Anti-aging skincare is a multi-million dollar business, which is one reason why it’s crucial not to fall into certain traps if wrinkles and fine lines are troubling you.
It can be stressful spotting new lines, even though it’s also perfectly natural and nothing to feel ashamed about. If you are trying to make wrinkles fade, and have spent plenty of money on promising products, keep this in mind: this is the worst mistake you can make if you have fine lines and deep wrinkles, according to a dermatologist.
The biggest mistake you can make when you have concerns about wrinkles - or any skin concern - is neglecting to visit a dermatologist for professional advice.
It’s tempting to assume a doctor visit will drain your wallet and to instead continue self prescribing creams and serums that claim they can get rid of wrinkles. But going that route will cost you much more in the long run (and it’s frustrating, to boot).
A dermatologist can prescribe Retin-A for your skin. This vitamin A derivative is still the gold standard in skincare and one of few ingredients that can actually help.
"Retinol undoubtedly makes the skin smoother," Mervyn Patterson, a cosmetic doctor at Woodford Medical, told Business Insider. "You get a positive effect on collagen, that is definitely true. You get an increase of blood flow to the skin — there are lots of positive things that you can say about Retinol."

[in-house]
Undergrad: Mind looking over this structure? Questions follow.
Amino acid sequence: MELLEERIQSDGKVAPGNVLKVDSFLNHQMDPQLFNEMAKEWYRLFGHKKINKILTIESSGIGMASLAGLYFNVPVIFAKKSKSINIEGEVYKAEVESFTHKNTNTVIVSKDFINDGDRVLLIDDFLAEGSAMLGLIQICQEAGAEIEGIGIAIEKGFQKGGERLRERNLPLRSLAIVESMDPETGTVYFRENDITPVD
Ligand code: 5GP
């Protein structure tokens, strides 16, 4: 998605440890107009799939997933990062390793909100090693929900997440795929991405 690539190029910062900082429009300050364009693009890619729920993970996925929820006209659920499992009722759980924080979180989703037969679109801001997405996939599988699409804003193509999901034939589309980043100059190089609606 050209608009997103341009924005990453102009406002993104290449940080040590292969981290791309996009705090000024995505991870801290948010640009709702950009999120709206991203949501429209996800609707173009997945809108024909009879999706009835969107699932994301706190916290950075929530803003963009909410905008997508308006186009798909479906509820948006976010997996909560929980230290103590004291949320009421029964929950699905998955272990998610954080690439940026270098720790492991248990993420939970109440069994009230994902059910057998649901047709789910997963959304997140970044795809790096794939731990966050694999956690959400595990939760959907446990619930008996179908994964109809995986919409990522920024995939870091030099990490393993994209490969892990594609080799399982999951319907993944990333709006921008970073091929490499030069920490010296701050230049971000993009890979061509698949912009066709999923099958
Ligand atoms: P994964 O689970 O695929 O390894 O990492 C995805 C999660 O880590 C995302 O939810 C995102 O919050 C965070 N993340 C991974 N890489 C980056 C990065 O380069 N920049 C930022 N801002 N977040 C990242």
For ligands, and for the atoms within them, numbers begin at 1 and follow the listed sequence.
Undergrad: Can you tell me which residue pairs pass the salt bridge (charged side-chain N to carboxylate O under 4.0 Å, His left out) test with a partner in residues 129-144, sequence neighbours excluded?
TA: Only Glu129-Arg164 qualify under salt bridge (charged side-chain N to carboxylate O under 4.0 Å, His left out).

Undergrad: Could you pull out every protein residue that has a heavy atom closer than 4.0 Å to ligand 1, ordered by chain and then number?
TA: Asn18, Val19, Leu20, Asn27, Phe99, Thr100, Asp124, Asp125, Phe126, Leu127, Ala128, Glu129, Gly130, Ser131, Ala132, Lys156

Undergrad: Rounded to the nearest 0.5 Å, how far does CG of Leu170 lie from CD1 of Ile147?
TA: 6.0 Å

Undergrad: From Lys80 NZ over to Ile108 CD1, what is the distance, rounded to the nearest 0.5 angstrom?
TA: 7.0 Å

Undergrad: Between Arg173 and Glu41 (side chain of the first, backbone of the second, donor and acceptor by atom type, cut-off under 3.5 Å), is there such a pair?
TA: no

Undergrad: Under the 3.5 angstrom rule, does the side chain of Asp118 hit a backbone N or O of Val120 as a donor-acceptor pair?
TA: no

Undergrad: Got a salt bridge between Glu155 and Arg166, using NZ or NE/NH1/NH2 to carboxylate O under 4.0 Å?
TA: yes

In addition to prescription-strength Retin-A, there are less powerful derivatives of the ingredient, marketed as retinol, that you can snag for less money at your local drugstore. However, be aware that when you start your own regiment without a doctor consultation, you may wind up spending money on a formula that isn’t going to be as effective for your skin needs.
And then there’s the issue of sensitivity to retinol, which many people experience. A good dermatologist will start you on a less potent Retin-A so that your skin can adjust to it, before increasing the percentage of the ingredient. According to Johnson, too many skincare companies are marketing retinol in an irresponsible way that leaves your skin open to irritation.
When in doubt, remember that less is more. Using retinol every night isn’t necessarily better for aging skin.
The main function of the top layer of the skin is to protect us, to keep away environmental factors,” Johnson told Business Insider. “The more retinol you put on, the poorer the barrier function becomes," he said. "This is why a lot of people feel that their skin is very sensitive and experience peeling, flaking, and irritation."